Steer Davies Gleave
Steer Davies Gleave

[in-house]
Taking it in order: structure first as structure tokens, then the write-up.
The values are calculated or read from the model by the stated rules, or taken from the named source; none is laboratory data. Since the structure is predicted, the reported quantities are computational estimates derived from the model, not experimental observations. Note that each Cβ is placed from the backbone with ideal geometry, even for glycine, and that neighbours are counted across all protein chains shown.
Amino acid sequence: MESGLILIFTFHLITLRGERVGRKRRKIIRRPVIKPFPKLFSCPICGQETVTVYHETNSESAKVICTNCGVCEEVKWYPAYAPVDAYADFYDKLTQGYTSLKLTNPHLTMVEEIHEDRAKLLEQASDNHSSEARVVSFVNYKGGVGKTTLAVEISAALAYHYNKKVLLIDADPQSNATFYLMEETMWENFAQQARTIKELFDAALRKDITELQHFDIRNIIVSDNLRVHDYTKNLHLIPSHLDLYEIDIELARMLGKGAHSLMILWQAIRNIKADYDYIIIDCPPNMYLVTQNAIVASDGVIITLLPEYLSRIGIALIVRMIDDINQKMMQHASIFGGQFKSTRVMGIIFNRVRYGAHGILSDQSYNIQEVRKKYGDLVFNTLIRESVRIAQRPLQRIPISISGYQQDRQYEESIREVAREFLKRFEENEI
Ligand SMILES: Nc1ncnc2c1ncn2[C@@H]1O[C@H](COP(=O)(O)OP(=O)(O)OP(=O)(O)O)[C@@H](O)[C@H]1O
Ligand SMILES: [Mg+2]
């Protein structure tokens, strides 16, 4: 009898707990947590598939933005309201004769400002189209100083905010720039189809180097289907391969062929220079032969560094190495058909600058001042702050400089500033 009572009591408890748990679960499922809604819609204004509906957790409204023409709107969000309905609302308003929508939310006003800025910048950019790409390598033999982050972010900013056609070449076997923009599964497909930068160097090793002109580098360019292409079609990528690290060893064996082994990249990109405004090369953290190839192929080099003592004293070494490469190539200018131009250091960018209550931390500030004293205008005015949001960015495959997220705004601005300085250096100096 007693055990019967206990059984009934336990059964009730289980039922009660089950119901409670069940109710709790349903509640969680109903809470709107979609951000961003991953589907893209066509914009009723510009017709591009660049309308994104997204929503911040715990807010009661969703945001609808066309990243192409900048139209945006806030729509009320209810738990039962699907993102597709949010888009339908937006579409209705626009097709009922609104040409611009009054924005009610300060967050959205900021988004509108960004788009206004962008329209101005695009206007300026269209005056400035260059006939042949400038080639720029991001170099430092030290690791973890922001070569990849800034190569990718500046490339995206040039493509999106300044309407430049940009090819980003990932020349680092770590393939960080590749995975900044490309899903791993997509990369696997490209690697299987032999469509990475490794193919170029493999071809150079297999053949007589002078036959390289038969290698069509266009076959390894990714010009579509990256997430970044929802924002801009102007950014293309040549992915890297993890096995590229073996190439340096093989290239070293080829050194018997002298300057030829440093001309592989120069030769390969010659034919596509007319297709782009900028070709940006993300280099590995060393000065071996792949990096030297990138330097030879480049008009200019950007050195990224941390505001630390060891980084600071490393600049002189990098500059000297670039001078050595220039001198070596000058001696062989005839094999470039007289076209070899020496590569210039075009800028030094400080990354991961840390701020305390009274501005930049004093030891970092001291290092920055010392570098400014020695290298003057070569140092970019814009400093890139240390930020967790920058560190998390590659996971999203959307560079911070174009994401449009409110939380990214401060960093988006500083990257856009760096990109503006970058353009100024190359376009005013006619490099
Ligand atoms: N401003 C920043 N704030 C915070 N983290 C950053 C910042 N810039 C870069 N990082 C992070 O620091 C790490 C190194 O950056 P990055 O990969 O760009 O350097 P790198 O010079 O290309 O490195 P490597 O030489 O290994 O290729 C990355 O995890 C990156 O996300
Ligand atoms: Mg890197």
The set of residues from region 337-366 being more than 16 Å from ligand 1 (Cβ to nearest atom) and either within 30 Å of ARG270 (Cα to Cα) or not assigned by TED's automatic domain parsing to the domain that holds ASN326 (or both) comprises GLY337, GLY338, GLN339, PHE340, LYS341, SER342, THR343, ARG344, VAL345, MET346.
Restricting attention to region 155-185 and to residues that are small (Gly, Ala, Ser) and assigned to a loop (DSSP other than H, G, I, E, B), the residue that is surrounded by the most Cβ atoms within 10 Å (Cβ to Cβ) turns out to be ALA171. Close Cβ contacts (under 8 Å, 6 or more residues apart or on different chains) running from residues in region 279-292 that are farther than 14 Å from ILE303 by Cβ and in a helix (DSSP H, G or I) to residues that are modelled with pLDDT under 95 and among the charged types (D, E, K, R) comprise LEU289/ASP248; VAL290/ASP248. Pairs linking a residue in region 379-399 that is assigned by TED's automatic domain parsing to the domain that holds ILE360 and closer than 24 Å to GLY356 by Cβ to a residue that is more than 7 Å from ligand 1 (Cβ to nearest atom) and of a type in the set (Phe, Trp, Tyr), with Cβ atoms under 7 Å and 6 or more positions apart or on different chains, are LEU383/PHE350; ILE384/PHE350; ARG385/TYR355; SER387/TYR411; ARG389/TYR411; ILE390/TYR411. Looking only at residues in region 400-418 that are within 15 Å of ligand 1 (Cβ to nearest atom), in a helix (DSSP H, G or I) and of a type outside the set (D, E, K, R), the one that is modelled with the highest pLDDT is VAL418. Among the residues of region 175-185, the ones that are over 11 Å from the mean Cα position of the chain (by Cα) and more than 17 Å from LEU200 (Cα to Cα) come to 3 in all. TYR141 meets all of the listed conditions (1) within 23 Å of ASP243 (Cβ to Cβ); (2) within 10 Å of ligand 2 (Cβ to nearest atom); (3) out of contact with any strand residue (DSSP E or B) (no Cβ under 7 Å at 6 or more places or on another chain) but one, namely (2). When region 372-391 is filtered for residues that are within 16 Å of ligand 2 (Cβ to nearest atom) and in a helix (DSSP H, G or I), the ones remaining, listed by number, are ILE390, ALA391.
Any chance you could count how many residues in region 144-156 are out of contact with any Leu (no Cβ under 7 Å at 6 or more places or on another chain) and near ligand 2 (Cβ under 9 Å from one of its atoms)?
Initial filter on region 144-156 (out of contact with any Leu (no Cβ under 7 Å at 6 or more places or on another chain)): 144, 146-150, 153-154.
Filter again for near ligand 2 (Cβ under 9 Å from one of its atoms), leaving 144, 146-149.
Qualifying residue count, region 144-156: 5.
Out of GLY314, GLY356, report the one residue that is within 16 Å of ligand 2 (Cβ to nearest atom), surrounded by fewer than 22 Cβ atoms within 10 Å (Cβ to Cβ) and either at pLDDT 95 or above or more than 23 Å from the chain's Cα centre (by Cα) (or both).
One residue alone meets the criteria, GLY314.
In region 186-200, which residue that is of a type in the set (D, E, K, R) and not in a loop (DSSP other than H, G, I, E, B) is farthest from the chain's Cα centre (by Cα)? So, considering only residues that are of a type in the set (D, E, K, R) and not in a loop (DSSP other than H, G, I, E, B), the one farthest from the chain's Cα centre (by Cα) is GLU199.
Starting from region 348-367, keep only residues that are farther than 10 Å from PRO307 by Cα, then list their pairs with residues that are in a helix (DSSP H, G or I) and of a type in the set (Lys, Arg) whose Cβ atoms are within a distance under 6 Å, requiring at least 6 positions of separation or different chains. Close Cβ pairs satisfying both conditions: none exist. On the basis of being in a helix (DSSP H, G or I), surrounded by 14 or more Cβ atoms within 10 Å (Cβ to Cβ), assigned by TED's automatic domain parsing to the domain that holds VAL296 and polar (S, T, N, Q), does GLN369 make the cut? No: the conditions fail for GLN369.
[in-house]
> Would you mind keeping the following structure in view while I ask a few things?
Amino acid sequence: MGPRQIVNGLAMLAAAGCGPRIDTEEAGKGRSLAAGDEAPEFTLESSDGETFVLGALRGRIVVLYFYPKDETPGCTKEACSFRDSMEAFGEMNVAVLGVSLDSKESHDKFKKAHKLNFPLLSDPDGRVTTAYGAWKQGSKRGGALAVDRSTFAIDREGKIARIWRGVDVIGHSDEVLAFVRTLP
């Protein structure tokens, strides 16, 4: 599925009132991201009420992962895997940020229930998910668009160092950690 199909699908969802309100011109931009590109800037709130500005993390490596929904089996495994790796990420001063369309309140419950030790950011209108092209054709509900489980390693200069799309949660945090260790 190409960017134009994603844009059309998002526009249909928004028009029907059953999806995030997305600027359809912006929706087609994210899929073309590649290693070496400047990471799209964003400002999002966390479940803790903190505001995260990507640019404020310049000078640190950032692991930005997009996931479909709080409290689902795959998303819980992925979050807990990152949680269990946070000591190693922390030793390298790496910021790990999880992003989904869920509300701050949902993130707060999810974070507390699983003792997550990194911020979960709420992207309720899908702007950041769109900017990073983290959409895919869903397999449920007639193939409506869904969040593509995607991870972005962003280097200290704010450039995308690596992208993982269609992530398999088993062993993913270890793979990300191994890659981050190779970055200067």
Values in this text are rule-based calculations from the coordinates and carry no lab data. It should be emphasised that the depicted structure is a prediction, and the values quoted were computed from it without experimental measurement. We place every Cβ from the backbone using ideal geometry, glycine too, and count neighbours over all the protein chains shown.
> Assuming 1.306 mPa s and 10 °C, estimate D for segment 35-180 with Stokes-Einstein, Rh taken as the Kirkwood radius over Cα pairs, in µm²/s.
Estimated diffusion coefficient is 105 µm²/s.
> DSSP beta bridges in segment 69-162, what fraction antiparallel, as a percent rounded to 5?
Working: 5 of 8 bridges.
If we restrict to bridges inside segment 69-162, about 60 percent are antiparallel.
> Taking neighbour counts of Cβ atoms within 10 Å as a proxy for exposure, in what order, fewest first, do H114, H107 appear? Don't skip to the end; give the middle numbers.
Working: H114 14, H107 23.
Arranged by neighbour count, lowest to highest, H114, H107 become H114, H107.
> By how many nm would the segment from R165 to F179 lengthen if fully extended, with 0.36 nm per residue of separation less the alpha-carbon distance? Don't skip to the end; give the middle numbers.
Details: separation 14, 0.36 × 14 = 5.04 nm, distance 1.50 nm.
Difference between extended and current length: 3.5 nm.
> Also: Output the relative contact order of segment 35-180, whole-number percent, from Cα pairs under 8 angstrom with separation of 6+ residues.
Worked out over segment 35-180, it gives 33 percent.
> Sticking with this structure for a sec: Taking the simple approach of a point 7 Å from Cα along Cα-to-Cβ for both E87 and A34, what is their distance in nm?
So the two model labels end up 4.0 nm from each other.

News Article | June 8, 2017